The student news site of University of Wisconsin-Platteville.


The student news site of University of Wisconsin-Platteville.


The student news site of University of Wisconsin-Platteville.


Staff Spotlight: Karen Pluemer

Photo Courtesy of UW-Platteville

1. What is your title at UW-Platteville and how long have you been a professor at Platteville?
I’m a Senior Lecturer, and I’ve taught here since 2012.

2. What works have you done outside of the classroom?
I’ve written about seven screenplays in total; four of them are getting various forms of attention now. One script was second-rounded at the Austin Film Festival; one script was a semifinalist with the Stowe Story Labs Writers’ Retreat; another script was a semifinalist with CineStory Fellowships and another script was read by a production company that liked the writing and requested a meeting. I have also written a Young Adult novel that earned me an opportunity through an organization called Hedgebrook to study in a Master Class taught by Elizabeth George, a New York Times best-selling author. (Hedgebrook is a literary nonprofit organization that supports visionary women writers throughout the world.)

3. Explain your involvement in the Stowe Story Labs, and what is it?
Stowe Story Labs is a nonprofit that encourages and mentors screenwriters and filmmakers. I sent a script to them and was accepted into their programs prior to COVID-19. The retreat was postponed until this fall when I was able to attend in Sept. I met with mentors who had read my script and provided notes. I got fantastic notes from a casting director who had worked with some great people!

4. Describe how you got into screenplay writing.
I was researching “The Hero’s Journey” by Joseph Campbell for my master’s thesis on Toni Morrison’s novel Paradise, and I saw an opportunity to attend an extension class at UW-Madison. The instructor was a developmental executive who had ties to the Midwest, and she was using Christopher Vogler’s “The Writer’s Journey” as a text. Vogler’s text is based on Campbell’s text. At the time, I was a novelist, but screenplays are mostly dialogue and action and those elements play to my writing strengths.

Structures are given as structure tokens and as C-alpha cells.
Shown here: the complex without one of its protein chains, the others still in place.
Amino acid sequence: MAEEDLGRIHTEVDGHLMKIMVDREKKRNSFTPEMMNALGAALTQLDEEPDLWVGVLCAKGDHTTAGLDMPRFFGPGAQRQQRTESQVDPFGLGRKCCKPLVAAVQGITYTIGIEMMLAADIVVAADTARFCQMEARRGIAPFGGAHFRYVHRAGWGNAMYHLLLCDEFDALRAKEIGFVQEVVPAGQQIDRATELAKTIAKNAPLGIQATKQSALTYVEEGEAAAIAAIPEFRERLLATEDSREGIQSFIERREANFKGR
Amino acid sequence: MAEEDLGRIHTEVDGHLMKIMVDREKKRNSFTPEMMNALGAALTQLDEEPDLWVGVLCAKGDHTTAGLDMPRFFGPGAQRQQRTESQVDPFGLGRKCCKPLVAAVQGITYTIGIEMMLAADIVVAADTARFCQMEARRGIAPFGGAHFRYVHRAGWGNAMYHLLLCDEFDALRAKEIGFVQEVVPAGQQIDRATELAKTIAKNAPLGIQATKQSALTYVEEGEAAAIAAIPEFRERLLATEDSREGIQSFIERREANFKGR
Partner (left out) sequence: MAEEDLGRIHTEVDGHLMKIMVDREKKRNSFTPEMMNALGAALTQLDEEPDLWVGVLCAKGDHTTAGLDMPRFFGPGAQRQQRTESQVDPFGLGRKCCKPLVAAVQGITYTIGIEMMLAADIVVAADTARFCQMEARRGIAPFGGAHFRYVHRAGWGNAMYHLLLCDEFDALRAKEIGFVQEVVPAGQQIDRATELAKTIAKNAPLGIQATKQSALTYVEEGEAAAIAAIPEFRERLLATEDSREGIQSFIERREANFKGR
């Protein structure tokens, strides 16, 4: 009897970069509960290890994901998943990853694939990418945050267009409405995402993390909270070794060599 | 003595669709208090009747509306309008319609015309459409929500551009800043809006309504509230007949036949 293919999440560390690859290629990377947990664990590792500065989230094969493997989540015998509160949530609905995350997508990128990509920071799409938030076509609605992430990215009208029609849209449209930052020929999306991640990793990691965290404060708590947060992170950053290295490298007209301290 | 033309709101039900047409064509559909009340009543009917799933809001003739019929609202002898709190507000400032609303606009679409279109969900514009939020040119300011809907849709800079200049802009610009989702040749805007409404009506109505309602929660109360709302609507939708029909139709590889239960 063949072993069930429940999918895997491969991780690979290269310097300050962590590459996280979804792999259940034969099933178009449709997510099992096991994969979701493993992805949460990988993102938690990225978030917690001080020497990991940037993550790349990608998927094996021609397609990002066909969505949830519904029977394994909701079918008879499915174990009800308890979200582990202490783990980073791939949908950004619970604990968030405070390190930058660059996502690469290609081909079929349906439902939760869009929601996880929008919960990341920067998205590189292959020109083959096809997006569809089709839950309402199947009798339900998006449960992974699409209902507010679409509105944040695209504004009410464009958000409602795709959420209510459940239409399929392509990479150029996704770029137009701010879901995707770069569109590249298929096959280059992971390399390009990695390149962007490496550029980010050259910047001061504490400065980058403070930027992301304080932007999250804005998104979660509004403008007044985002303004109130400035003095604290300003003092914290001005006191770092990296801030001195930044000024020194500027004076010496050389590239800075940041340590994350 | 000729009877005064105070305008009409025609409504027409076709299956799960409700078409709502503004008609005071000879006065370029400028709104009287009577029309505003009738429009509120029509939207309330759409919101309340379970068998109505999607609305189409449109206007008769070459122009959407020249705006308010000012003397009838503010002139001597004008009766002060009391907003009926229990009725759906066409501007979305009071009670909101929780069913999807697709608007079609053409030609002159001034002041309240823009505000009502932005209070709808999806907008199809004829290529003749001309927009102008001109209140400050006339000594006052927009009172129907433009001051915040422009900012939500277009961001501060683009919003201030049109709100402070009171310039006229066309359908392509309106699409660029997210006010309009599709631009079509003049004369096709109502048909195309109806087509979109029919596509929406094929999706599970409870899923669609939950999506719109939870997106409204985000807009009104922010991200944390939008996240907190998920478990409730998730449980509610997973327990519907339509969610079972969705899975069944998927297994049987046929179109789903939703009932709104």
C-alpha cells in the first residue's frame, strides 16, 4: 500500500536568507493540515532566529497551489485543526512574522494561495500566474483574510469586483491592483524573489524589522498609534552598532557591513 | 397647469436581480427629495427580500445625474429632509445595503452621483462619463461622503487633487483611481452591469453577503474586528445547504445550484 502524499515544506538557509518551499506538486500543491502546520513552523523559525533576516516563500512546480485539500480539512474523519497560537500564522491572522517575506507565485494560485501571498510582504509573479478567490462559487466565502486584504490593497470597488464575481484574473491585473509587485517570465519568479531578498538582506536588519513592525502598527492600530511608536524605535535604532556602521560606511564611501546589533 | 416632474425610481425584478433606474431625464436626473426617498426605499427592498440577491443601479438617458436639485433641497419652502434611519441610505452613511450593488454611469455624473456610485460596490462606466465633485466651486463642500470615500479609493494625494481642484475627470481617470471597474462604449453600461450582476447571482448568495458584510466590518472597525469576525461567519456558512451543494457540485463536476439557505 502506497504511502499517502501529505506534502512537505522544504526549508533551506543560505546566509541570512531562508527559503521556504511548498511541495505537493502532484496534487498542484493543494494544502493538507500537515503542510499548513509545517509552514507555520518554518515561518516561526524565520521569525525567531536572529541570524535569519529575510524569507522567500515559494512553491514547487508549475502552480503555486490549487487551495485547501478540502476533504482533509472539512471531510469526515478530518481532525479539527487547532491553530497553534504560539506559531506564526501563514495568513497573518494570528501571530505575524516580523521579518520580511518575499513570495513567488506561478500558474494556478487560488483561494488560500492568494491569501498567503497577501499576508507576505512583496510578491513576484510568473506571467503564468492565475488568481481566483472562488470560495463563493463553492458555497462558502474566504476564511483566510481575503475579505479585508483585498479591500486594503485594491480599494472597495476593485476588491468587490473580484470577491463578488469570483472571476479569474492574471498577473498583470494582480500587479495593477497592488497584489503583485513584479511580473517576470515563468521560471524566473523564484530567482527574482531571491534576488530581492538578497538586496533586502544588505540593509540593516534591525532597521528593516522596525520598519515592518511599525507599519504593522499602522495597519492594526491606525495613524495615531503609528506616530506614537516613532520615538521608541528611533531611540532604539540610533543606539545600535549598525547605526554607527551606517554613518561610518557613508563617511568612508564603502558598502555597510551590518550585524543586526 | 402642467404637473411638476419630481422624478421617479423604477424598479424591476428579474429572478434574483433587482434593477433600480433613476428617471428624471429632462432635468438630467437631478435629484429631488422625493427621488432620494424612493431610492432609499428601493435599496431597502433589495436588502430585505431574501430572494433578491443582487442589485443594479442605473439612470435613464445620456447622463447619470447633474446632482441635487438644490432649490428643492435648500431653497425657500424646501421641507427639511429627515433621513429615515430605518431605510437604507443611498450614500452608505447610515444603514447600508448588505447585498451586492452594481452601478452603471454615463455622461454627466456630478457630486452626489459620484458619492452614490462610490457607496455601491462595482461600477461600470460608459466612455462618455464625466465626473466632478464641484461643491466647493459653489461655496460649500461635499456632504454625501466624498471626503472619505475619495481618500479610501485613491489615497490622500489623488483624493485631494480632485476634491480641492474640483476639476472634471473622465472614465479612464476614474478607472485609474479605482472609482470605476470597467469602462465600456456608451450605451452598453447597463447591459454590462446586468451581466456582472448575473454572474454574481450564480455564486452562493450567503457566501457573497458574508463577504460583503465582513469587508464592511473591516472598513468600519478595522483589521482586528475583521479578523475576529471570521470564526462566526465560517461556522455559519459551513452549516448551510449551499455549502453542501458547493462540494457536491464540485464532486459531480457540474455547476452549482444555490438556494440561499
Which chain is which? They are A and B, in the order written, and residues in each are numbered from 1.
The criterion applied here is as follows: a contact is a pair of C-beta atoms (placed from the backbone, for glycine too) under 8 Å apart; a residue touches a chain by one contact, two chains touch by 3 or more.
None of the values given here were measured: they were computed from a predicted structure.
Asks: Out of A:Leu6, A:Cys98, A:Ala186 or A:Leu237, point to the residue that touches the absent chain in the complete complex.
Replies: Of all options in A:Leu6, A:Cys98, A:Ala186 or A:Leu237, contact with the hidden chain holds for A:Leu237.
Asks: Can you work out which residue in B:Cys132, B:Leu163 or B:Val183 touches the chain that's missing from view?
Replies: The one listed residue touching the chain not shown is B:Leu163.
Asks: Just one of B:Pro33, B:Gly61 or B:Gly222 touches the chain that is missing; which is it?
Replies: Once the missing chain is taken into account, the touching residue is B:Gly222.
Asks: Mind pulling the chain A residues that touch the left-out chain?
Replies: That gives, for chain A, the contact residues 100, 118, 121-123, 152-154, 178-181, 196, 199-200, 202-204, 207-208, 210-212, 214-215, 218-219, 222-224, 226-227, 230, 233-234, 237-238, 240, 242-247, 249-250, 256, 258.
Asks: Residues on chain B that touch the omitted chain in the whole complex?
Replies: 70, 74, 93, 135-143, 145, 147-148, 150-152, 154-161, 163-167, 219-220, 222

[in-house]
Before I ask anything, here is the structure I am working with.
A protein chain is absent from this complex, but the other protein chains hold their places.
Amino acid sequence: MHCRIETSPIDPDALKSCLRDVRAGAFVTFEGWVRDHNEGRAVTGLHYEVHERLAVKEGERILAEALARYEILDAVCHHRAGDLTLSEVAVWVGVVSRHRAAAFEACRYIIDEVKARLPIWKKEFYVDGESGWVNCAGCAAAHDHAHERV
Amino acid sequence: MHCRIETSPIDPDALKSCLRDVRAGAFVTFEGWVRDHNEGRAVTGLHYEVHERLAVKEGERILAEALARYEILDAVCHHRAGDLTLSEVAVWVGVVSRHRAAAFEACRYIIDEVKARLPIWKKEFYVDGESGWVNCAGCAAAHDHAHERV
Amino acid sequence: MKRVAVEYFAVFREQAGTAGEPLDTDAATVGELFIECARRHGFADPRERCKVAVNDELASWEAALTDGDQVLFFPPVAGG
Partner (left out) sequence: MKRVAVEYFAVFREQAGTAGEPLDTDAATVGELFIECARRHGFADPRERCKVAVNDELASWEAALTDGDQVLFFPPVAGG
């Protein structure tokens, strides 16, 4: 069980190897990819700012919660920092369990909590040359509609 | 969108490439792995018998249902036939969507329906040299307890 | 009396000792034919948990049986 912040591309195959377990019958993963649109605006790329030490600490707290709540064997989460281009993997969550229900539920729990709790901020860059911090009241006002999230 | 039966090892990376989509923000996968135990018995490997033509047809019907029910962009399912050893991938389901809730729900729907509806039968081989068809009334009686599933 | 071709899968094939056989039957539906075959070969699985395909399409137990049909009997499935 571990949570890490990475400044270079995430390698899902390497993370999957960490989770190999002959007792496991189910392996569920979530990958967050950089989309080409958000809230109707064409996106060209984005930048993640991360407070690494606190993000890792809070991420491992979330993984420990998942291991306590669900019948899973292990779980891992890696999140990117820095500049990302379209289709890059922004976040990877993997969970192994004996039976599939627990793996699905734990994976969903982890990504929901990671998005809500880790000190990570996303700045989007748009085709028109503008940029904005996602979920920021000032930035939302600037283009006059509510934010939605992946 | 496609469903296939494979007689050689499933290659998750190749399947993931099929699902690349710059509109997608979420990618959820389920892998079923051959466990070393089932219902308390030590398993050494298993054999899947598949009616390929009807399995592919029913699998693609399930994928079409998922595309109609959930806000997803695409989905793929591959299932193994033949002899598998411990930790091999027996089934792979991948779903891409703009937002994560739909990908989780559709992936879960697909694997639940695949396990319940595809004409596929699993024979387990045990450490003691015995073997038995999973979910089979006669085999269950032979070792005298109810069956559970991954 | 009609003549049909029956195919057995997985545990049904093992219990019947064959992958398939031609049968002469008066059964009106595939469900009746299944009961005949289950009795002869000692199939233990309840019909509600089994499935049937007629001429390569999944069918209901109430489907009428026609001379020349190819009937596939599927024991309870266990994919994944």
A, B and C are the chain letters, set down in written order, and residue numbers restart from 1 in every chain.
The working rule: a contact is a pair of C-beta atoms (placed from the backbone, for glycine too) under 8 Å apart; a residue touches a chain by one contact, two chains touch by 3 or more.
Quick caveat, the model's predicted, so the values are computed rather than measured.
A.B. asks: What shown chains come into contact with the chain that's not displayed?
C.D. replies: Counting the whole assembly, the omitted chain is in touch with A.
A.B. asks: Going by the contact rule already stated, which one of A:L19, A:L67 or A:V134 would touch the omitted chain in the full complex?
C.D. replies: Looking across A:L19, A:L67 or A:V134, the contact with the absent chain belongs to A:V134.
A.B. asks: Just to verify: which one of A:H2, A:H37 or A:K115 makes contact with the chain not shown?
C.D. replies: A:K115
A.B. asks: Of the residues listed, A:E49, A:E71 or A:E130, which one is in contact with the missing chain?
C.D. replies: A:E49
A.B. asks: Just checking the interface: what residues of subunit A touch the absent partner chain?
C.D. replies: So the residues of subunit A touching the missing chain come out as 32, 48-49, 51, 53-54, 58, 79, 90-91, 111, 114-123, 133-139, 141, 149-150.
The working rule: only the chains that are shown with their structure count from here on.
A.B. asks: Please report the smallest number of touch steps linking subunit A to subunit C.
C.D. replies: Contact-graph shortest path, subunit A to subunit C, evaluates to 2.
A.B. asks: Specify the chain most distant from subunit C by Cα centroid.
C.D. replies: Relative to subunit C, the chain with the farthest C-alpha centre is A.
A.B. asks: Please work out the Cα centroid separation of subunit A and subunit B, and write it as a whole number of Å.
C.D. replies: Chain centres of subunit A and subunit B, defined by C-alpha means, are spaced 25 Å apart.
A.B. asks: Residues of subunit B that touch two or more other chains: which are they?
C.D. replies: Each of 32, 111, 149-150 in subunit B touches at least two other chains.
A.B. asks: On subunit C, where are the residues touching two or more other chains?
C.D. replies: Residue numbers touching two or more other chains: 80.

5. What was your film about that progressed in the Austin Film Festival?
That script is a coming-of-age romantic comedy titled SHINY THINGS. The tagline is: “Sometimes, when we get what we want, we figure out what we need.” It is about how we can get distracted by people and things because that’s what society expects of us or tells us we want; when, really, we need something or someone else in our lives. The question is: How do we learn to be true to ourselves?

6. What is the Austin Film Festival?
The Austin Film Festival is significant because it is a film festival that’s also dedicated to screenwriting. The best part of it is meeting other writers and learning from some of the top writers in the industry. This year I met Katrin Benedikt (“Olympus Has Fallen,” “The Expendables 3,” “London Has Fallen” and “Angel Has Fallen”) in a hallway on the way to her panel and we had a terrific conversation about writing thrillers.

7. Do you have any films that you are currently working on now?
I have a romantic thriller script titled “HUNTED” that is being read right now by a production company. My other scripts are in various stages of revision or circulation, and I have got a couple of new ideas I am eager to start researching and outlining so that I can dig into the writing!

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